Each day for me looks like most of us who are working while sheltering in place with young children. As a parent, I’ve been making meals, helping my daughter with Zoom school, having virtual meetings, making snacks (feels like that never ends), taking family walks, tidying up incessantly, and using any other free moment to actually do my work.
As a Diversity, Equity, and Inclusion (DEI) practitioner, I constantly consider how this pandemic magnifies the inequities that already permeate our society. I read the news and social media daily and feel appalled and heartbroken as I search for hope.
And as a Muslim, I now am working through how to observe this holy month of Ramadan while adhering to stay-at-home regulations.
I look forward to Ramadan more so than any other time of year. I am, like two billion other Muslims around the world, excited for this time of spiritual rejuvenation, communal connection, and fulfillment. Most know that Ramadan is a time when Muslims fast during daylight hours. It is also a time when Muslims build and support local and global communities. The Kaaba, Islam’s holiest site, receives the most visits during Ramadan than any other time during the year outside of the Hajj season, with as many 15 million pilgrims. Making that pilgrimage is one of several practices that are now virtually impossible to perform.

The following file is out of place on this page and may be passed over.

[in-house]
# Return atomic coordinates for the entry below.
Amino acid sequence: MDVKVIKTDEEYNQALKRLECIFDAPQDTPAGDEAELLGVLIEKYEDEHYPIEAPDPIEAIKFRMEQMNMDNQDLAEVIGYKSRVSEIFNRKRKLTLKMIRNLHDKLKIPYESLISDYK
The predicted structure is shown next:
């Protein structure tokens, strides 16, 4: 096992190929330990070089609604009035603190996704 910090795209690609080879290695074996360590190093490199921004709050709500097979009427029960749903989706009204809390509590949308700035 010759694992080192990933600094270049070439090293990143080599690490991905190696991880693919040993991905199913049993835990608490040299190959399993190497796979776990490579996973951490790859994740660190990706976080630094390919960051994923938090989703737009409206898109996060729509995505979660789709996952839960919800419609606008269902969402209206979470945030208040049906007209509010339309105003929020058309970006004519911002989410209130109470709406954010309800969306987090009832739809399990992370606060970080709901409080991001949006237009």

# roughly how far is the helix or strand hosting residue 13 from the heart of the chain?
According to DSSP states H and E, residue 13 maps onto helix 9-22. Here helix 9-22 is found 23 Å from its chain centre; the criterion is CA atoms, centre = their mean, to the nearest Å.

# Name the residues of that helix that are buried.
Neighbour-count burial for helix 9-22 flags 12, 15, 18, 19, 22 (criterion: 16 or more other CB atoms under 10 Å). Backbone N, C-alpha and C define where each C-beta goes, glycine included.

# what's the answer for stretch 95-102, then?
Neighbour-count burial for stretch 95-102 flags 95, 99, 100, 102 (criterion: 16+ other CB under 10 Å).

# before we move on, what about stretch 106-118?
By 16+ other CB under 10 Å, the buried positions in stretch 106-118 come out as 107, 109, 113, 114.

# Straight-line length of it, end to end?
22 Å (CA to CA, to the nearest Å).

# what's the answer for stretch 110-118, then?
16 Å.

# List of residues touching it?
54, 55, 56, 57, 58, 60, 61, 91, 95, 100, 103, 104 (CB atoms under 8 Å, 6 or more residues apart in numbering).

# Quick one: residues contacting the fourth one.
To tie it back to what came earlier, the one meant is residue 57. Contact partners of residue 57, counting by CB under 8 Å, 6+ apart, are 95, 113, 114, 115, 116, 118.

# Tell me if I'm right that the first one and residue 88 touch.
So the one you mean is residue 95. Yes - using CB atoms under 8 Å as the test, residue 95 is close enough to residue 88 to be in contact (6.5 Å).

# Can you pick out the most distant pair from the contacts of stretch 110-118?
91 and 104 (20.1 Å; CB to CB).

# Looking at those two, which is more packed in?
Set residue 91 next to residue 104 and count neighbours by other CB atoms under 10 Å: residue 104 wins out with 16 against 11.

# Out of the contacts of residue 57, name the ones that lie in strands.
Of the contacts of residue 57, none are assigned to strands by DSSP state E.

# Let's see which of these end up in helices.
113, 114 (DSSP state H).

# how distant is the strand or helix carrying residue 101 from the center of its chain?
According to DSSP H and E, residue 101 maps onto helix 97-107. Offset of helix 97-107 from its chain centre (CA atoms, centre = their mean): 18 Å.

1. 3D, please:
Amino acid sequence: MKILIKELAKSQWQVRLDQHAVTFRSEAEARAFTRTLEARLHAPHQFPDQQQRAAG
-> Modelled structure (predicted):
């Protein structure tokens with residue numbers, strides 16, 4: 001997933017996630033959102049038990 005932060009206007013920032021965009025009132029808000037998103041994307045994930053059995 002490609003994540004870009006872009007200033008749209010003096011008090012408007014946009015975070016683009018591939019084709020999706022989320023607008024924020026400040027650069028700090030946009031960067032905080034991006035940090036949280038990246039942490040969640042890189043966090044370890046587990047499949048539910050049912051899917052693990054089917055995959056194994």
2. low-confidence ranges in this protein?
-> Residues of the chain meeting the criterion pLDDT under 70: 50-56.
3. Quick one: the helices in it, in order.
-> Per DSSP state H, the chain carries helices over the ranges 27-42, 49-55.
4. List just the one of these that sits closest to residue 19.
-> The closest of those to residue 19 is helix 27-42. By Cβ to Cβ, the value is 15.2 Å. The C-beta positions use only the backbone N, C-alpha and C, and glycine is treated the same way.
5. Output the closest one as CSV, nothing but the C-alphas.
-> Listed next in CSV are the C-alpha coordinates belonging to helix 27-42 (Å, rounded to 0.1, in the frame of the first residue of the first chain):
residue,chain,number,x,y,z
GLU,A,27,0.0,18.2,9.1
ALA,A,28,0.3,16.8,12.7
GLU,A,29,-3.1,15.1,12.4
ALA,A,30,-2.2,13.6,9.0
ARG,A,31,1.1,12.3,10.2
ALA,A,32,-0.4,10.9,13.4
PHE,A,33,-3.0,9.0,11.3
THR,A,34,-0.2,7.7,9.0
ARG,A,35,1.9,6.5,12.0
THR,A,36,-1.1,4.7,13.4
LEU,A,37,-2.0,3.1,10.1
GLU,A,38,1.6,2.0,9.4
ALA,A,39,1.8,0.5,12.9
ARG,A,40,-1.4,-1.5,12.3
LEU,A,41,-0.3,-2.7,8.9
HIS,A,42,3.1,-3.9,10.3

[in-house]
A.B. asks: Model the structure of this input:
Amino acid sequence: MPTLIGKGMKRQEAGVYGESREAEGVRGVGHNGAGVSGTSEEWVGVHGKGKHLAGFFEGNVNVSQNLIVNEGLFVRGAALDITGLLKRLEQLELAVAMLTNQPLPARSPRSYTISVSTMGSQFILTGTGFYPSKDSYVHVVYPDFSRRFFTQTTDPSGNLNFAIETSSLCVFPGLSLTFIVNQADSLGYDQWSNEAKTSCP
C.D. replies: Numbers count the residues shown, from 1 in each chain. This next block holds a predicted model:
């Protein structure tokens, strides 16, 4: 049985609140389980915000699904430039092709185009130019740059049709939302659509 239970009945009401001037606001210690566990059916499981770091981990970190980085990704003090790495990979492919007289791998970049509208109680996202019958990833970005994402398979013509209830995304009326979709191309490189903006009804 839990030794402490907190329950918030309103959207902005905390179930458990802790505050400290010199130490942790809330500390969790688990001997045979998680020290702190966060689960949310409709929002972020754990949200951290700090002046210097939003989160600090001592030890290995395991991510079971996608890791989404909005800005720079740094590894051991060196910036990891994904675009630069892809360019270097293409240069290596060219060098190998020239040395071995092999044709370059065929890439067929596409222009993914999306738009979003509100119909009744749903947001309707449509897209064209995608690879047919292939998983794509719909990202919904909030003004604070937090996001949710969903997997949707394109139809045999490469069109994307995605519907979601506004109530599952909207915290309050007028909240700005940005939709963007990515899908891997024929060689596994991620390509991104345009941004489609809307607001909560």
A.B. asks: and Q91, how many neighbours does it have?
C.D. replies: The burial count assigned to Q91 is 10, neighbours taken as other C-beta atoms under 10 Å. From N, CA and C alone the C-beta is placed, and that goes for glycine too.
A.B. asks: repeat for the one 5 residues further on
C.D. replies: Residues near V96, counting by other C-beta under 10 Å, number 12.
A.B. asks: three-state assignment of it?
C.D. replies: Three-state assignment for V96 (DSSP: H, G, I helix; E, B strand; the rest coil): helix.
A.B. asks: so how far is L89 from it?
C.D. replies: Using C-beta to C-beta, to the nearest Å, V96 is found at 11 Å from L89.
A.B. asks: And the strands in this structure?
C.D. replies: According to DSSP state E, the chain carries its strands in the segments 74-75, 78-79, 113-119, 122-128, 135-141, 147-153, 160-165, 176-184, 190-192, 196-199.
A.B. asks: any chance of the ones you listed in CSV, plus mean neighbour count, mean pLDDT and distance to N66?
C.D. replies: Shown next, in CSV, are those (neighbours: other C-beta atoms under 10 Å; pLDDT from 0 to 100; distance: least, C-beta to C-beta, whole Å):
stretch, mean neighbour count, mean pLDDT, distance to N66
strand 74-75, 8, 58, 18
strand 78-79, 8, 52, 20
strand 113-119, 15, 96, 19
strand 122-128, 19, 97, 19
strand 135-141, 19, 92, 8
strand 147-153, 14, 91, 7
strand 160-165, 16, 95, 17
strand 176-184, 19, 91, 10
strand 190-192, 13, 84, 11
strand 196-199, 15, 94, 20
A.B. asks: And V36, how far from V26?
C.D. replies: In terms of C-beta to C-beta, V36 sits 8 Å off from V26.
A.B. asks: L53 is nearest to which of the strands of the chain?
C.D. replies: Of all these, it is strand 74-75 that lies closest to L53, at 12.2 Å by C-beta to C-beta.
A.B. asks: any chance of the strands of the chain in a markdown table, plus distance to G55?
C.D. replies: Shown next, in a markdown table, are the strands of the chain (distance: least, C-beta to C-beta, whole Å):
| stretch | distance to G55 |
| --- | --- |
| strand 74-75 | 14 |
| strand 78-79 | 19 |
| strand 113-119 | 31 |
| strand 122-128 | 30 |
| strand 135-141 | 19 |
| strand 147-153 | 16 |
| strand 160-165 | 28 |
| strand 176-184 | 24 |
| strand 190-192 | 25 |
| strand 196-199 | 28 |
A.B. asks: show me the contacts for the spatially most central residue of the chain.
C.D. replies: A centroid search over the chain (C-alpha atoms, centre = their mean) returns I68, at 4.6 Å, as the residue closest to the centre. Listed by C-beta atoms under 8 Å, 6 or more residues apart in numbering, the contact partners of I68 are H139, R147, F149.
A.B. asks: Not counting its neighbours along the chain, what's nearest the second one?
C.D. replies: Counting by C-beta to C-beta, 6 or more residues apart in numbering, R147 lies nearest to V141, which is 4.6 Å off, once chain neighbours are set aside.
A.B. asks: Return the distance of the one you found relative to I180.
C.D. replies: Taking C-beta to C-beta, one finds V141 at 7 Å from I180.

Maintaining, serving, and engaging community is essential to religious practice for Muslims.
In fact, there are several practices that require in-person communal groups such as burial rituals and weekly prayer services. Stay-at-home orders prevent full practice of those required rituals.
Social distancing impacts the religious and spiritual practice of individuals and families worldwide. They are affected both by the inability to properly perform burial rituals that are critical for healing from loss and by the psychosocial consequences of social distancing that prevent communal prayer. During Ramadan this year, Muslims are dealing with additional hard realities of social separation.
Ramadan is a time for engaging community through collective prayer, service to others, and honoring the rites of the most vulnerable. Many local communities invite people to re-engage with their spiritual selves in both formal and informal ways. People visit new mosques and are emboldened to converse with each other as they break bread. They show up for communal prayer and take time for silent reflection. They use Ramadan as a means to break unhelpful habits and ask their communities to help them remain accountable. Practicing Ramadan in isolation or as a front-line worker means sacrificing the most important spiritual re-enlivenment period available, which is particularly taxing at a time when spiritual revitalization is needed more than ever.
Ramadan is a time for connection. Many Muslims use this time to connect with family and community. Some travel to a country or town where they have loved ones, others visit mosques or Islamic centers that they haven’t visited in a while. But most rely on this time to see people they haven’t seen since the previous year’s Ramadan. Ramadan acts as a social anchor point across time when individuals maintain long-term connections in their new or home communities.